Vida Ventures co-leads Dyne's $115M megaround for next-gen oligo therapies aimed squarely at muscles
Dyne Therapeutics started out last April with a modest $50 million to mine targeted muscle disease therapies from its in-house conjugate technology. The biotech has now convinced more investors that it’s got gems on its hands, closing $115 million in fresh financing to push its next-gen oligonucleotide drugs into the clinic.
Vida Ventures and Surveyor Capital led the round, joined by a group of other new backers including Wellington Management Company, Logos Capital and Franklin Templeton.
Atlas — where Dyne was incubated — also returned alongside Forbion and MPM.
Stefan Vitorovic, who co-founded Vida with Arie Belldegrun and others, took the lead on this one. Dyne’s FORCE platform matches exactly their appetite for bold visions in the future of medicine, with the potential to deliver “life-changing outcomes” for patients with muscle diseases, he said.
This is how the biotech plans to do it: By linking an antibody to an oligonucleotide, Dyne’s therapies are engineered to hone in on muscle cells and degrade only disease-causing RNA, thereby avoiding systemic toxicity issues.
Romesh Subramanian, a co-founder of what is now Translate Bio, helped launch the operations as an entrepreneur-in-residence at Atlas. He’s since handed the CEO baton to Joshua Brumm and moved to the CSO post.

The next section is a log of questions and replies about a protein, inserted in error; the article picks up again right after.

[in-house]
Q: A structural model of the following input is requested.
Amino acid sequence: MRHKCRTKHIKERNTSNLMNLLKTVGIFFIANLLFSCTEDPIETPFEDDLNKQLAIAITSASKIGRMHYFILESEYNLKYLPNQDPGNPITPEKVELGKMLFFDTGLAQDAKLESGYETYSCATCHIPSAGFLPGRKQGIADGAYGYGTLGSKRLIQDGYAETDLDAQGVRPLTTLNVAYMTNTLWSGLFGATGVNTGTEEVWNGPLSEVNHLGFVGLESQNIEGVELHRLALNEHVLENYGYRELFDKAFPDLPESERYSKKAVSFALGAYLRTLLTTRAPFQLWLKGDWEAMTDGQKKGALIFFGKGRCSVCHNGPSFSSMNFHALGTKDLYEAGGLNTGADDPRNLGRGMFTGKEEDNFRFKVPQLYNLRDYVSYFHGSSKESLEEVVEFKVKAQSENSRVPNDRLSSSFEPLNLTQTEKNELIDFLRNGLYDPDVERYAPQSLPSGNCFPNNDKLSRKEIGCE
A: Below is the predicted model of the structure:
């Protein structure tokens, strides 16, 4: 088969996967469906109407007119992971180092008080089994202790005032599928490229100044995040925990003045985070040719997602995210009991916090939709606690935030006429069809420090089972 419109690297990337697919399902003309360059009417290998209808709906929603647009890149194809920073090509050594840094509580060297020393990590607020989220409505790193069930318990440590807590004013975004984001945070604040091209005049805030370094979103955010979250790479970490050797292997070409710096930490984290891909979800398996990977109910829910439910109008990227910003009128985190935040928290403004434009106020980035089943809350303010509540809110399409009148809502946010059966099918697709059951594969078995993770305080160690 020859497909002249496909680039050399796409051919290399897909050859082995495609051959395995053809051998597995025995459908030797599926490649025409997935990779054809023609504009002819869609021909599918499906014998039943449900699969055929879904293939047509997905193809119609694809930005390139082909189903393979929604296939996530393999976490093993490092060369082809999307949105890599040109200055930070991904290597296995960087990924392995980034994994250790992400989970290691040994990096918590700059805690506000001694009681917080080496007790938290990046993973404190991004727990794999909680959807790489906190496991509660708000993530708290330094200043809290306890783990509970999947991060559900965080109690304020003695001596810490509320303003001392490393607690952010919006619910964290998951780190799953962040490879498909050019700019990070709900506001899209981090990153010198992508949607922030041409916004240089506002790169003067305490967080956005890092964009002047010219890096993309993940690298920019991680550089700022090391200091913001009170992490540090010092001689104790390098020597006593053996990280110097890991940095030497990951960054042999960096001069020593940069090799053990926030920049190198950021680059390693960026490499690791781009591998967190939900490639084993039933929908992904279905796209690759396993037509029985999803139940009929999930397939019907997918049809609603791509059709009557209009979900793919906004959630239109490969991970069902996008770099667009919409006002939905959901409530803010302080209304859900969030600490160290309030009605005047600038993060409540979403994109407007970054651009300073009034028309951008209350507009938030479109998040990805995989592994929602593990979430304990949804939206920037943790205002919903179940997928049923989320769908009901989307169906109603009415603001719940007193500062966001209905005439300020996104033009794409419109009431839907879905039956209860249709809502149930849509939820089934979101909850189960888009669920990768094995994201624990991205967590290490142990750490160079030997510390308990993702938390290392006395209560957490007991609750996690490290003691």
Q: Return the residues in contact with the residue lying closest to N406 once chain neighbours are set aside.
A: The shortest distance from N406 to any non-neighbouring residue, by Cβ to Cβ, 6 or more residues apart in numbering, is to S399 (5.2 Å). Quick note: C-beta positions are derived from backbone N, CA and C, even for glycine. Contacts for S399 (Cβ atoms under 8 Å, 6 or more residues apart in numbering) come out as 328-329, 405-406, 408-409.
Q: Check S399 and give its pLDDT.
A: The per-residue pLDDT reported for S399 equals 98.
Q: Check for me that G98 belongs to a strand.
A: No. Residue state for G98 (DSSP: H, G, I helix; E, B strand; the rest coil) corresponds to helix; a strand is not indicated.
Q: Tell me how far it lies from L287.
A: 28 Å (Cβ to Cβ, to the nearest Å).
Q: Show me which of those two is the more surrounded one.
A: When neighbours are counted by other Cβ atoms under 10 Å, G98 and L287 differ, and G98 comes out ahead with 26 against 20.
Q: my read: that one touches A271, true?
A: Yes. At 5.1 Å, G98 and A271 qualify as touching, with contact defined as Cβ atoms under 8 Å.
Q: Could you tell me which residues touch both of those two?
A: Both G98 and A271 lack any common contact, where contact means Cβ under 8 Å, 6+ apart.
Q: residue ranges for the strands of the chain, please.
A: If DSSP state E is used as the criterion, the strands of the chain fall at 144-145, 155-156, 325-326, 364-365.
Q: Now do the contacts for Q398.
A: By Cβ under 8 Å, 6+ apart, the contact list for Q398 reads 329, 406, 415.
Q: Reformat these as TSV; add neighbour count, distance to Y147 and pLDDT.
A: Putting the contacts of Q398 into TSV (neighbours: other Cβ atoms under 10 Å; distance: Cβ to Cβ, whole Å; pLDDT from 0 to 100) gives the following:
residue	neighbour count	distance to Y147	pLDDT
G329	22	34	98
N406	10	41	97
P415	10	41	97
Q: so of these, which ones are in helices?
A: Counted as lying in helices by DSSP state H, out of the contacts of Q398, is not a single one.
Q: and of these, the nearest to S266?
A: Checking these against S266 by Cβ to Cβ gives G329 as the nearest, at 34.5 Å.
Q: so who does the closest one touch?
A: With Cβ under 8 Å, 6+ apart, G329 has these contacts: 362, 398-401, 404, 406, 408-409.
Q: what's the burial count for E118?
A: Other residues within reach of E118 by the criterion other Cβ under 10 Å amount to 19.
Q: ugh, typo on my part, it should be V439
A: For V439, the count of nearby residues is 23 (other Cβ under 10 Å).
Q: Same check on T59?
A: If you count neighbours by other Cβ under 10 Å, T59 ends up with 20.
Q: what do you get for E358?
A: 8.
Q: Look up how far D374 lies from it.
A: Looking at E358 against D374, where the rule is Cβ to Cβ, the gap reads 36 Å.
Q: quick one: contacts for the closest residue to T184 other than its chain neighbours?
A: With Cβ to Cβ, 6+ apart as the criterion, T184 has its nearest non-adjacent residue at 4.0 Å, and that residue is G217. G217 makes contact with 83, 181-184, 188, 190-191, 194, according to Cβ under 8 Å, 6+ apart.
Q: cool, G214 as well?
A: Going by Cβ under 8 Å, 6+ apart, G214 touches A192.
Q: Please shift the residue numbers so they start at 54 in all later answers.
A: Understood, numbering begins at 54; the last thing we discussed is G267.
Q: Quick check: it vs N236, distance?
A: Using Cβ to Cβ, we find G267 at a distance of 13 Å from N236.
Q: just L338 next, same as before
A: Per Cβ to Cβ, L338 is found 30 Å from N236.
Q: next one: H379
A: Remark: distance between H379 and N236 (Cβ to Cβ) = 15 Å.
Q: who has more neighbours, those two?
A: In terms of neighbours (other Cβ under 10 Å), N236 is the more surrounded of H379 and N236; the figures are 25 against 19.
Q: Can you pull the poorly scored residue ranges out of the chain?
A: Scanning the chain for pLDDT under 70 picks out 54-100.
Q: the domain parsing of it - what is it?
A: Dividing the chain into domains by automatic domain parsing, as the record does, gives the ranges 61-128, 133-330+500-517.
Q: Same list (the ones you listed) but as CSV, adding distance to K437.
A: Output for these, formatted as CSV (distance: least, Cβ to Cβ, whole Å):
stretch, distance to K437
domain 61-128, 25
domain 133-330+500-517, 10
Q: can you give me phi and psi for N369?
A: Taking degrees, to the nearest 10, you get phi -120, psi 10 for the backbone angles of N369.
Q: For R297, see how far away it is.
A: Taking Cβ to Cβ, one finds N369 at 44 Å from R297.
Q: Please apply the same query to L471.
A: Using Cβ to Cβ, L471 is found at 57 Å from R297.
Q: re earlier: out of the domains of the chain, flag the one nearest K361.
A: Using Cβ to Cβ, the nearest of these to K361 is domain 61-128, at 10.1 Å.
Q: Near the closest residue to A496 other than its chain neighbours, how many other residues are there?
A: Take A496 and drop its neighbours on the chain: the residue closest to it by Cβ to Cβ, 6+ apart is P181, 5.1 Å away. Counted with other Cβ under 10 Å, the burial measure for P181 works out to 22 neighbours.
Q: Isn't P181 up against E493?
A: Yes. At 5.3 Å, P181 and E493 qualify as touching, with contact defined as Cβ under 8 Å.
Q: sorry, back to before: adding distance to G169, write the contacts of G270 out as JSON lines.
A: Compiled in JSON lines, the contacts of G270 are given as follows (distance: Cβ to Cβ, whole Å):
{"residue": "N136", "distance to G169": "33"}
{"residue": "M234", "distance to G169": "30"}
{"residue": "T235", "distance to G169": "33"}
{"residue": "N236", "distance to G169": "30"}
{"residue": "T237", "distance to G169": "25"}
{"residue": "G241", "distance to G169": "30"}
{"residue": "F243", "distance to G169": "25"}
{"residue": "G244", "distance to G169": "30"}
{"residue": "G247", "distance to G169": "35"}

“When you deliver a naked oligo, very little gets to the muscle,” he told C&EN back in 2019.
That means a lack of specificity and potential safety problems for drugs like Sarepta’s controversial Exondys 51. While Dyne is aiming directly at that market with its Duchenne muscular dystrophy program, its initial focus is on myotonic dystrophy.
Trailing closely is a third therapy for facioscapulohumeral muscular dystrophy, followed by discovery work in the cardiac and metabolic arenas.
How would the approach compare to gene therapies, which are cropping up at Sarepta and other newer players focused on muscle diseases? We didn’t get a chance to ask Dyne, which is shying away from interviews this morning — perhaps a sign of upcoming plans in a booming biotech IPO market.
Under Brumm, Dyne has been on a bit of a hiring spree recently, poaching Susanna High from bluebird to be COO, appointing ex-Celgene exec Daniel Wilson as VP of intellectual property, and scooping Debra Feldman from Sage Therapeutics as head of regulatory.